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Same-sex marriage and the church

June 30, 2015 by Eric Stillman 1 comments

Posted in: Love

“Teacher, which is the greatest commandment in the Law?” Jesus replied: “Love the Lord your God with all your heart and with all your soul and with all your mind. This is the first and greatest commandment. And the second is like it: Love your neighbor as yourself.” (Matthew 22:36-39)

This past Friday, the Supreme Court ruled that “same-sex couples may exercise the fundamental right to marry.” On Sunday, I was reading the editorial page of the Hartford Courant and couldn’t help but notice the juxtaposition of two starkly different articles. The first, written by Susan Campbell, a longtime Courant religion writer, celebrated the Supreme Court ruling. The second, by Russell Moore, a prominent Southern Baptist leader, was against the ruling and gave advice on how the church should respond. But as I read through both articles, I found myself shaking my head and embarrassed. Let me explain.

My reading of Susan Campbell’s perspective was that church folk who oppose same-sex marriage are “wrong and misguided” and are misrepresenting their loving Lord and Savior, who never spoke against same-sex marriage, by their opposition. And my understanding of Russell Moore’s perspective was that the true church uniformly believes that same-sex romantic love and marriage is sinful. I think they both could use a dose of perspective and humility.

To Susan Campbell, I would say this: believing that the Bible is God’s authoritative Word, and believing that the Bible is consistent in its witness that marriage was designed by God to be between a man and a woman, is not that crazy a notion. Many wise and godly men and women have understood and continue to understand the Bible’s teaching that way. Believing that our country’s (and world’s) shift towards legitimizing safe-sex marriage is not so much a realization that we’ve misunderstood God’s will on the matter than it is a reflection that we don’t really care what the God of the Bible thinks, that we just want the right to do what we feel is right for us, is probably not far off-base. And even though you disagree, please recognize that the traditional argument is a legitimate, and quite possibly correct, argument that comes from people whose primary desire is to be faithful to God and His revealed Word, not to hate and oppress our gay friends and fellow citizens.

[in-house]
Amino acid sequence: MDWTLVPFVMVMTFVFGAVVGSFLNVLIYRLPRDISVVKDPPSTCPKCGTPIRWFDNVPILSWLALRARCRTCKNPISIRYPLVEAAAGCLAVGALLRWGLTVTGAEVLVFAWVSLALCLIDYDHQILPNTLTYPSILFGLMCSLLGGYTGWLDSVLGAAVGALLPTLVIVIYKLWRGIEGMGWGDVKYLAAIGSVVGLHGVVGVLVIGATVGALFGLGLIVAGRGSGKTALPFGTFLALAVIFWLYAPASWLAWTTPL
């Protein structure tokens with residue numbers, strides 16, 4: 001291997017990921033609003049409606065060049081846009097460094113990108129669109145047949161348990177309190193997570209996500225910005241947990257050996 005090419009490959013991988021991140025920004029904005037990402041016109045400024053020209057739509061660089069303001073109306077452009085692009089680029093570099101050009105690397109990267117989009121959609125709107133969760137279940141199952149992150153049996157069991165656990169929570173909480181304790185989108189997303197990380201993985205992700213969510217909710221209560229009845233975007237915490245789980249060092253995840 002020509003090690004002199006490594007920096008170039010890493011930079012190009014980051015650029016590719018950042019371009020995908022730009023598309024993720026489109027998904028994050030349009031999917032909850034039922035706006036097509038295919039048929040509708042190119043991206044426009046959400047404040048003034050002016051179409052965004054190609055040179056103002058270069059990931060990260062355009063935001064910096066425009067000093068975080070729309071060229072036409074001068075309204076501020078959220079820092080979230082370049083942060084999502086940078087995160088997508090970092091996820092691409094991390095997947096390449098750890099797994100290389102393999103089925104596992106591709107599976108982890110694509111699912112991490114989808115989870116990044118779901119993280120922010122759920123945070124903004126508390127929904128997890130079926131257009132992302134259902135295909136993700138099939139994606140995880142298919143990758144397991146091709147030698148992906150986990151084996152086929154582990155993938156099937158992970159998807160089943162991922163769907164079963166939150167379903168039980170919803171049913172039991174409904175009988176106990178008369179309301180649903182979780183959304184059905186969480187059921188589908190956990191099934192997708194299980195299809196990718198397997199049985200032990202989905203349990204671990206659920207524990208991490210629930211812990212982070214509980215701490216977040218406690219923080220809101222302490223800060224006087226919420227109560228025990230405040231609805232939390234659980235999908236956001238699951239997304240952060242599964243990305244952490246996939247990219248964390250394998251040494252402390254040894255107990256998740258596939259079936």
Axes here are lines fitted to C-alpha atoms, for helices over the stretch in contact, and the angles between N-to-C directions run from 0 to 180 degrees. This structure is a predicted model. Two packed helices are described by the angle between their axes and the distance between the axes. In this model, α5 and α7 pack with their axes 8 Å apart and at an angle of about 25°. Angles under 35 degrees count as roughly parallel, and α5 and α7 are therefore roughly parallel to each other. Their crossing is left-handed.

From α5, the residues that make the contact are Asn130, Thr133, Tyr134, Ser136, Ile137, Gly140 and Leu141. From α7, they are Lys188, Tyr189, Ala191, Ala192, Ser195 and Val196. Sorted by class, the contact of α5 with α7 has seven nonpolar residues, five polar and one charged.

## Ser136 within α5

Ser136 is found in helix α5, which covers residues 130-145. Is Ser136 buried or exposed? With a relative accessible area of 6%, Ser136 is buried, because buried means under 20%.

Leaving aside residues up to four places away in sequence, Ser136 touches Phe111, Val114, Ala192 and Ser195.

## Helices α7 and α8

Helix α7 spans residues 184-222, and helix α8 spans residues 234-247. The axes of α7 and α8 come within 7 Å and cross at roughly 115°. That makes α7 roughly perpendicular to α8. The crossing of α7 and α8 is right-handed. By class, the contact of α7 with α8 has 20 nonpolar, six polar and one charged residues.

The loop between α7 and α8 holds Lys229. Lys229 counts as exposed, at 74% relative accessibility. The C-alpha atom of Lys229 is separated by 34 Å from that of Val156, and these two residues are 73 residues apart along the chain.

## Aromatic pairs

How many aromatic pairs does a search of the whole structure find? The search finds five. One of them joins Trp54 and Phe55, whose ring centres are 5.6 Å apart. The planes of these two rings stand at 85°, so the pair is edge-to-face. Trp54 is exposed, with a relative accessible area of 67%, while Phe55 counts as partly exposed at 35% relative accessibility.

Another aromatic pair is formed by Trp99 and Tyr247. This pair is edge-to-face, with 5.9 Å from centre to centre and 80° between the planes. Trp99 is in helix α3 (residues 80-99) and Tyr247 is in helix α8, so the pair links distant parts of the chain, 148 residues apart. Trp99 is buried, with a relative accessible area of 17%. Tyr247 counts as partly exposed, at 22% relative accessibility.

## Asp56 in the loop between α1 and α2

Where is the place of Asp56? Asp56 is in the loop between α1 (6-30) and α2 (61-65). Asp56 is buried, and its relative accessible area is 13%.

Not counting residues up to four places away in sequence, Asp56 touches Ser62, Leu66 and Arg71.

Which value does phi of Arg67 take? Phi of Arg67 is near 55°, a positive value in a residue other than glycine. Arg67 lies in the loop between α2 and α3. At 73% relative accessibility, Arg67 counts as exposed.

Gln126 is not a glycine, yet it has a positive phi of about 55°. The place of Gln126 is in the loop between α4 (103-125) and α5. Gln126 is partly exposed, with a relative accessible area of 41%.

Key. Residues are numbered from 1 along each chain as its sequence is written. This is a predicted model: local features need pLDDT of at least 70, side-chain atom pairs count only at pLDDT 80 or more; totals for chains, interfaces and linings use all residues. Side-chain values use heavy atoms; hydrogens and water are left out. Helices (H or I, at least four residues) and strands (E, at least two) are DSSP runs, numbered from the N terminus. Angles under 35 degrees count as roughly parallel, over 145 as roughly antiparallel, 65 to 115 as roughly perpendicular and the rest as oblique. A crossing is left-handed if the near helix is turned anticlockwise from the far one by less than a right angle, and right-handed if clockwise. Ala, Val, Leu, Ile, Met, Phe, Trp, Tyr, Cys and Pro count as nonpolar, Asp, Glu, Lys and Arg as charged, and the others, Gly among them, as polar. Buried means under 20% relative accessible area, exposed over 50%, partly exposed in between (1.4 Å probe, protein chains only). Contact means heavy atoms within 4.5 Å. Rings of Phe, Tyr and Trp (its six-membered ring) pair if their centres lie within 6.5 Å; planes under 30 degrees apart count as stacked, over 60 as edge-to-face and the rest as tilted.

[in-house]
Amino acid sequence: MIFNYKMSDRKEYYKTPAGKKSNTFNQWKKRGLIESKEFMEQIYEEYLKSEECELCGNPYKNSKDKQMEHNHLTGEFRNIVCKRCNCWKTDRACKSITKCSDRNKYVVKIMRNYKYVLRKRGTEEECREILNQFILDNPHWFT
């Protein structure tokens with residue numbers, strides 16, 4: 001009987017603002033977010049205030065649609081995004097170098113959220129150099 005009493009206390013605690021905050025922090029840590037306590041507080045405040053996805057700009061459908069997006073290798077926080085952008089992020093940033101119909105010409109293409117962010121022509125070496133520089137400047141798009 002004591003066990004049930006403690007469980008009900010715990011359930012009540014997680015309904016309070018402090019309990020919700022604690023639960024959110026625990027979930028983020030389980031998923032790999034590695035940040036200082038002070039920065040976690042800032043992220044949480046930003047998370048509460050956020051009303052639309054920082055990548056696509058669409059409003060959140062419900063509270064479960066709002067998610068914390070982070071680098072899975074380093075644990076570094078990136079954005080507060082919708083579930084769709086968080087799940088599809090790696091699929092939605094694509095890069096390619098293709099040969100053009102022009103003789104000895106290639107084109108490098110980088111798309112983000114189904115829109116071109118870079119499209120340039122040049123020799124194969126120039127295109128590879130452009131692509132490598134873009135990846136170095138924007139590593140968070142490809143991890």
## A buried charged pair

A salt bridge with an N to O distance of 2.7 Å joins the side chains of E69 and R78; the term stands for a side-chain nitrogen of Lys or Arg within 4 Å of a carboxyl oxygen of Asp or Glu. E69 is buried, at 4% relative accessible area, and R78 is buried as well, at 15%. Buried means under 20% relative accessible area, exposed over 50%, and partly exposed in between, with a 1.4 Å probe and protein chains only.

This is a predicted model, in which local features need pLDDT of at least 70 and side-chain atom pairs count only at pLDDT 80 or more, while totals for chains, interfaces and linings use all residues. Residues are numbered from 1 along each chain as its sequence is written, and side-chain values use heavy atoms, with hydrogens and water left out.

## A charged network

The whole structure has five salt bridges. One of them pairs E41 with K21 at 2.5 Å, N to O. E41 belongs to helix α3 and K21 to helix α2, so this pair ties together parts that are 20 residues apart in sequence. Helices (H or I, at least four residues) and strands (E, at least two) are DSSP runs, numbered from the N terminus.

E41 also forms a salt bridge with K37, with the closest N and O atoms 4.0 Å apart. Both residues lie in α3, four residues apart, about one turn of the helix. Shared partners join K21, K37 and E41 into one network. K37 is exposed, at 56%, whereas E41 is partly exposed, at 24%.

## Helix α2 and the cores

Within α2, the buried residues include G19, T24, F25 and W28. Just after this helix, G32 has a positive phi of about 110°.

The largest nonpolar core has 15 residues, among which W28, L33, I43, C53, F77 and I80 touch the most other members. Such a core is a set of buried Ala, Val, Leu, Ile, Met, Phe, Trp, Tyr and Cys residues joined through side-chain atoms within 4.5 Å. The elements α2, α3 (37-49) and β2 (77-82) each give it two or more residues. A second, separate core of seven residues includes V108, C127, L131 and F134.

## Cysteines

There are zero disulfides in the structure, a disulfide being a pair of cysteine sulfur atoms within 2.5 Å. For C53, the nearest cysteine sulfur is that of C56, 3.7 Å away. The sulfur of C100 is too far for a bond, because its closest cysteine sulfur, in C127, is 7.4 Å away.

To Russell Moore, I would say this: when you write, “how should the church respond?”, you are assuming that only those who are opposed to same-sex marriage are a part of God’s kingdom. The last time I checked, the point of entry into God’s kingdom is to repent of sin and trust in Jesus for the forgiveness of those sins, not to hold to the traditional Biblical interpretation of marriage. I have read Justin Lee’s argument that the Bible does not oppose monogamous gay relationships. I have listened to Matthew Vines as he has argued the same. While I am still not convinced by their arguments, I can respect that they, along with many other LGBTQ people, actually desire to be faithful followers of Jesus Christ, and in their study of God’s Word have reached a different conclusion than I have on the question of same-sex romance and marriage. I am not ashamed to call them my brothers and sisters in Christ, and I trust that God is wise enough to judge in the end who was right and what our reasons and motives were behind our theology and practice. Don’t forget that God even declared David, an unrepentant polygamist, to be a man after His own heart.

There is so much more I could say on this subject, and speaking up on this hot button issue pretty much ensures that some people on both sides will be dissatisfied with what I have written. But for now, my encouragement is that if you call yourself a Christian, you continue to seek to bring every area of your life – including your love life, your treatment of those who disagree with you, and your theology – under the Lordship of Jesus Christ. Trust that God is fully capable of judging all of us, and in humility, love one another as God in Christ has loved us, so that He might be honored through the witness of our life and our church. Amen.


This is good. Thanks for posting it.

John Umland on Jul 1, 2015 at 1:31pm

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